“We have the highest respect for General McChrystal and honor his brave service and sacrifice to our nation. General McChrystal’s comments, as reported in Rolling Stone, are inappropriate and inconsistent with the traditional relationship between Commander-in-Chief and the military,” the senators said. “The decision concerning General McChrystal’s future is a decision to be made by the president of the United States.”

Should McChrystal be relieved of his command he would most likely retire immediately. He may be able to keep his four stars with a special waiver because he did not serve enough time in his rank and position to be able to outright retire as a four-star general.

McChrystal’s public shaming comes at a difficult time for Obama. He will have to decide how to handle the general as public and congressional support for the U.S. mission in Afghanistan has dwindled after a series of setbacks, particularly in the southern part of that country.

Pentagon and military officials have been trying to allay congressional concerns over Afghanistan and retain support for the president’s strategy.

Now, Obama finds himself in a tough spot in which the decision of whether or not to remove McChrystal comes with a set of challenges: If Obama fires the top general in Afghanistan he risks casting even more doubt over the mission there; if he keeps him with just a slap on the wrist, Obama likely will invite criticism that he has lost control over his generals.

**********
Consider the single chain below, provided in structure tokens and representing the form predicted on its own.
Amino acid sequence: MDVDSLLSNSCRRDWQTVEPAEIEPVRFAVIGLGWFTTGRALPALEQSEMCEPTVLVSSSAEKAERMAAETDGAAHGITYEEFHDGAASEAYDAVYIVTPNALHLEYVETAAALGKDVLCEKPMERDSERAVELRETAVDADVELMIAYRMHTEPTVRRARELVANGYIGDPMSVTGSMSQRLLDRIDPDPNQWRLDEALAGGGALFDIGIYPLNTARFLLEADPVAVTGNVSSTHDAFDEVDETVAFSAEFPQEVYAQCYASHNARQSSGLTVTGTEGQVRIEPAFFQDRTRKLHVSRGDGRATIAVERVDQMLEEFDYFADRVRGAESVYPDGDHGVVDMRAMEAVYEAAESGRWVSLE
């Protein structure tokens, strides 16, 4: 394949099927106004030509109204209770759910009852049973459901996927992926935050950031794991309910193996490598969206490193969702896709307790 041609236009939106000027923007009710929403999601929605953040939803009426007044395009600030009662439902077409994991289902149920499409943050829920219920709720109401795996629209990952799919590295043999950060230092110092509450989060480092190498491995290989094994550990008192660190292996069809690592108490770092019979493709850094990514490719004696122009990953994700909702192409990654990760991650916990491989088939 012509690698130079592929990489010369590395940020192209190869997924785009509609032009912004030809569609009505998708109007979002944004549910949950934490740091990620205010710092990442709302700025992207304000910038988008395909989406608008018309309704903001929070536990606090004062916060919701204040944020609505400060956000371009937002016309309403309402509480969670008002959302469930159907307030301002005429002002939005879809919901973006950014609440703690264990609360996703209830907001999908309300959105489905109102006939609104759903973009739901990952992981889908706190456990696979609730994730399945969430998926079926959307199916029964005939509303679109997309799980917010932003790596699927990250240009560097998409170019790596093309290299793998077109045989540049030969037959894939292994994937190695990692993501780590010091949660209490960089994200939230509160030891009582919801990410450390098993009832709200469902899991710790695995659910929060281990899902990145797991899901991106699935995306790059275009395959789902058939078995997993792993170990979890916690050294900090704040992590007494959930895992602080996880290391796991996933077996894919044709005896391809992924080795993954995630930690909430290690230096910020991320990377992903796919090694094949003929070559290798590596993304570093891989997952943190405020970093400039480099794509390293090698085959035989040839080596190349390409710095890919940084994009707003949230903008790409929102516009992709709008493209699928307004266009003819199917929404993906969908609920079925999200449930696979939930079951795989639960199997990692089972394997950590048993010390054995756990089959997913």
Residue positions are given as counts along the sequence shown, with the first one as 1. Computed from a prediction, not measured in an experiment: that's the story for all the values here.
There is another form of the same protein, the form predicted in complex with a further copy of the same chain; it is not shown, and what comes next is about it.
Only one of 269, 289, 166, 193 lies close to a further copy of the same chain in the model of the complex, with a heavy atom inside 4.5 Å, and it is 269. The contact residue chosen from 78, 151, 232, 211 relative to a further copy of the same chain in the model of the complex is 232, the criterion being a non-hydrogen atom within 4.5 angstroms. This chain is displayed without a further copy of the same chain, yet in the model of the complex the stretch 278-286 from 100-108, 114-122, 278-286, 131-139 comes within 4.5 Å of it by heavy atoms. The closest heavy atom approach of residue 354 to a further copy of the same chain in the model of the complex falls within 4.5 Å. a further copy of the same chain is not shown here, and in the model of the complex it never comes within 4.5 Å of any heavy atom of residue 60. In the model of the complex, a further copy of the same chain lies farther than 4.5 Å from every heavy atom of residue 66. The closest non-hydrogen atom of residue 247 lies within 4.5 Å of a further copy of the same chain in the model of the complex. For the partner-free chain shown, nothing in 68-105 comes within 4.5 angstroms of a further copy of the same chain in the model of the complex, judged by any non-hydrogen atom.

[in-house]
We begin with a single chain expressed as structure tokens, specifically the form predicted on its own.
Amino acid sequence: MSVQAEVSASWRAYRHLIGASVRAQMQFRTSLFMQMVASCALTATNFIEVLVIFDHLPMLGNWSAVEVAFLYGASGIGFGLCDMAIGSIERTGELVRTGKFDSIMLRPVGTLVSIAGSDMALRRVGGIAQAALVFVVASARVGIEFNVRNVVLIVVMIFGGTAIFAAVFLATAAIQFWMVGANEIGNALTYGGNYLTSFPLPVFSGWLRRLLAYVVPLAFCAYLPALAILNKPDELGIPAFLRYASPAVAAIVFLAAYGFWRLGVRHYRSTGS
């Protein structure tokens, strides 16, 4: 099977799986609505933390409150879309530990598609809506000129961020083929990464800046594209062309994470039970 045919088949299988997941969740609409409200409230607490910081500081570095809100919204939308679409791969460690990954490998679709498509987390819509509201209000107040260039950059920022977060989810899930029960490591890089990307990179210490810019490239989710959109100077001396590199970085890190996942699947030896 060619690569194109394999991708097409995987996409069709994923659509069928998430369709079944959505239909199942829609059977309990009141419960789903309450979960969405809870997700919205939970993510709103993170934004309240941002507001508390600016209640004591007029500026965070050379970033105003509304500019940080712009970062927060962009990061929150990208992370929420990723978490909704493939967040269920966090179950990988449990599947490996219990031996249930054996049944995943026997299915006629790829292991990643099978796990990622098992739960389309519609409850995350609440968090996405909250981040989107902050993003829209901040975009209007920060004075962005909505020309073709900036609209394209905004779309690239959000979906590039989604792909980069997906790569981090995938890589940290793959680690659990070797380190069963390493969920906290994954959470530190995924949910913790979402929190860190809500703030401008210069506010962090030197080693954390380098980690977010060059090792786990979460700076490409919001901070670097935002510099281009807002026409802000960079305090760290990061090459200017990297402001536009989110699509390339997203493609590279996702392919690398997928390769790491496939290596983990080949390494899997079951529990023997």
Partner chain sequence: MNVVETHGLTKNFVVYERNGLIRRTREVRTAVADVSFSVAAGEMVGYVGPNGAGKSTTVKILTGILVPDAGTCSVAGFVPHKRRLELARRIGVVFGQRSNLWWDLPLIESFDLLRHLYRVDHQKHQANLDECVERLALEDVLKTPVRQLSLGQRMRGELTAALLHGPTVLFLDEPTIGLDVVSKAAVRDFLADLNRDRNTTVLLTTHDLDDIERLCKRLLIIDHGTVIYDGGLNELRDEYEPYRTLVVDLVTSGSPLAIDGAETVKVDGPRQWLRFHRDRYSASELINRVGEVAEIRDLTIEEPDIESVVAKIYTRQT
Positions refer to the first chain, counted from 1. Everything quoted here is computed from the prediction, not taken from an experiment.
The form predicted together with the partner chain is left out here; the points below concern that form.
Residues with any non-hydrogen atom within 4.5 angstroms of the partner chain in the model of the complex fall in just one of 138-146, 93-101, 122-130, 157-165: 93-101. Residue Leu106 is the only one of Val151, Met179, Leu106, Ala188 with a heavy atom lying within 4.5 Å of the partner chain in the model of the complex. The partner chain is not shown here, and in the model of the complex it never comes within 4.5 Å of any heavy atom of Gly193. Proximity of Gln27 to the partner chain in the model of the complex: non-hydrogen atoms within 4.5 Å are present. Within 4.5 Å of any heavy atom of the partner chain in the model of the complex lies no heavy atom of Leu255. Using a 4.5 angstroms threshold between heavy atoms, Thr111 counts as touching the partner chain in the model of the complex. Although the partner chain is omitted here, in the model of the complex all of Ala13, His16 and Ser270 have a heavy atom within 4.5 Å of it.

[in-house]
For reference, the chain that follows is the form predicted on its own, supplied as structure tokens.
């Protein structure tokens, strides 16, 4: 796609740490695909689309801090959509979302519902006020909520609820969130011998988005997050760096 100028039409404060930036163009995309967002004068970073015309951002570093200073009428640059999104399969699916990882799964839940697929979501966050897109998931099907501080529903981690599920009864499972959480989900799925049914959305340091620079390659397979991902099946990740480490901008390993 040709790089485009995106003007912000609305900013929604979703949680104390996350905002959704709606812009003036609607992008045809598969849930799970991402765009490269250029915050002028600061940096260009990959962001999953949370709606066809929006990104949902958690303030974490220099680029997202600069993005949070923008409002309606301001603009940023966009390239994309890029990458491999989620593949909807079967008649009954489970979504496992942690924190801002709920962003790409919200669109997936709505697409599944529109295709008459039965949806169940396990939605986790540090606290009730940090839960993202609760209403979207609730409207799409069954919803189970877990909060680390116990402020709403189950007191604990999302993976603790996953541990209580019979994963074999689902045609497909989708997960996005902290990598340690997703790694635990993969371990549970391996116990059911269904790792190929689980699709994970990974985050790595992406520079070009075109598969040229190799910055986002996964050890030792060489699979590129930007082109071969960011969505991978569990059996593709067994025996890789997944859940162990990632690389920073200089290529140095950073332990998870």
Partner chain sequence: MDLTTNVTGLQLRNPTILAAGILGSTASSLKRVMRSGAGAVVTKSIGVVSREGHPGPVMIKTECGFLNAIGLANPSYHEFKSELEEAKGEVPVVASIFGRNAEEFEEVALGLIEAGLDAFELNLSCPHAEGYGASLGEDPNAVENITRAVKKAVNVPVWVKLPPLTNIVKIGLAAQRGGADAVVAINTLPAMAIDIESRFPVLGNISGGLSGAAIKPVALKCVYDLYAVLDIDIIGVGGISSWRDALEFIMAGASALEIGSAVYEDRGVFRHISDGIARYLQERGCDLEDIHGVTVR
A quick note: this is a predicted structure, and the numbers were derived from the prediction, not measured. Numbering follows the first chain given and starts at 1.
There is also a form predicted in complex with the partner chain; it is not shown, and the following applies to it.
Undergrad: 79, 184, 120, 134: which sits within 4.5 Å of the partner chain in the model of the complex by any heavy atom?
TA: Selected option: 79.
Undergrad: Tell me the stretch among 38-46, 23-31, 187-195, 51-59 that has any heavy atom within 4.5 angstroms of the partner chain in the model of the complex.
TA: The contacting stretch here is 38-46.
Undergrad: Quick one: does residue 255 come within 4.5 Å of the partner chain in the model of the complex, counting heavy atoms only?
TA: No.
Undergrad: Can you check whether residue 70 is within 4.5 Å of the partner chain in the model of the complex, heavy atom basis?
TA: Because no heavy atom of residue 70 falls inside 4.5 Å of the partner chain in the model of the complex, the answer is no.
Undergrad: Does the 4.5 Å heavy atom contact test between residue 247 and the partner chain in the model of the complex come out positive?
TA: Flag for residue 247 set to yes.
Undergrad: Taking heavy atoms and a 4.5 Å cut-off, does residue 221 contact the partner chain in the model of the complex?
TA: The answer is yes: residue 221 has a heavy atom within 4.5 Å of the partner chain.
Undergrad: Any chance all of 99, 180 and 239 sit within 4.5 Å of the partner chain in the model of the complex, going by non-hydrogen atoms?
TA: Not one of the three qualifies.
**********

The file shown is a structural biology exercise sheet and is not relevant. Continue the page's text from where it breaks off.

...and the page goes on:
A visibly angry Gibbs on Tuesday said the Rolling Stone article detracted from the U.S. focus on winning its military effort in Afghanistan, over which McChrystal is in charge. The general had pushed for the “surge” in the country, which Obama endorsed over the reservations of some in the administration.

It’s not the first time that McChrystal has been seen as stepping out of line.

Last fall, McChrystal spoke bluntly about his desire for more troops in Afghanistan before Obama had reached a decision. McChrystal’s leaked review and dire call for another 40,000 troops infuriated the White House at the time.

Also last year, McChrystal landed in hot water after giving a speech in London where he criticized Biden’s counterterrorism strategy.

After that speech, McChrystal was called to Air Force One to meet with the president, who was in Copenhagen to lobby for Chicago’s unsuccessful Olympic bid.

Rolling Stone reported the story over the course of several months, the magazine’s executive editors said on MSNBC on Tuesday.

“We were with him on a trip in Europe that wound up getting extended because of the volcano in Iceland,” the executive editor said. “So, our reporter was kind of trapped with him for about two weeks in Paris and traveling from Paris to Berlin. They couldn’t fly, so they had to take a bus. So, we really spent a lot of time with him and really got to look behind the curtain, and hear how he and his men, top men, talk among themselves on their own.”

— J. Taylor Rushing and Michael O’Brien contributed to this report.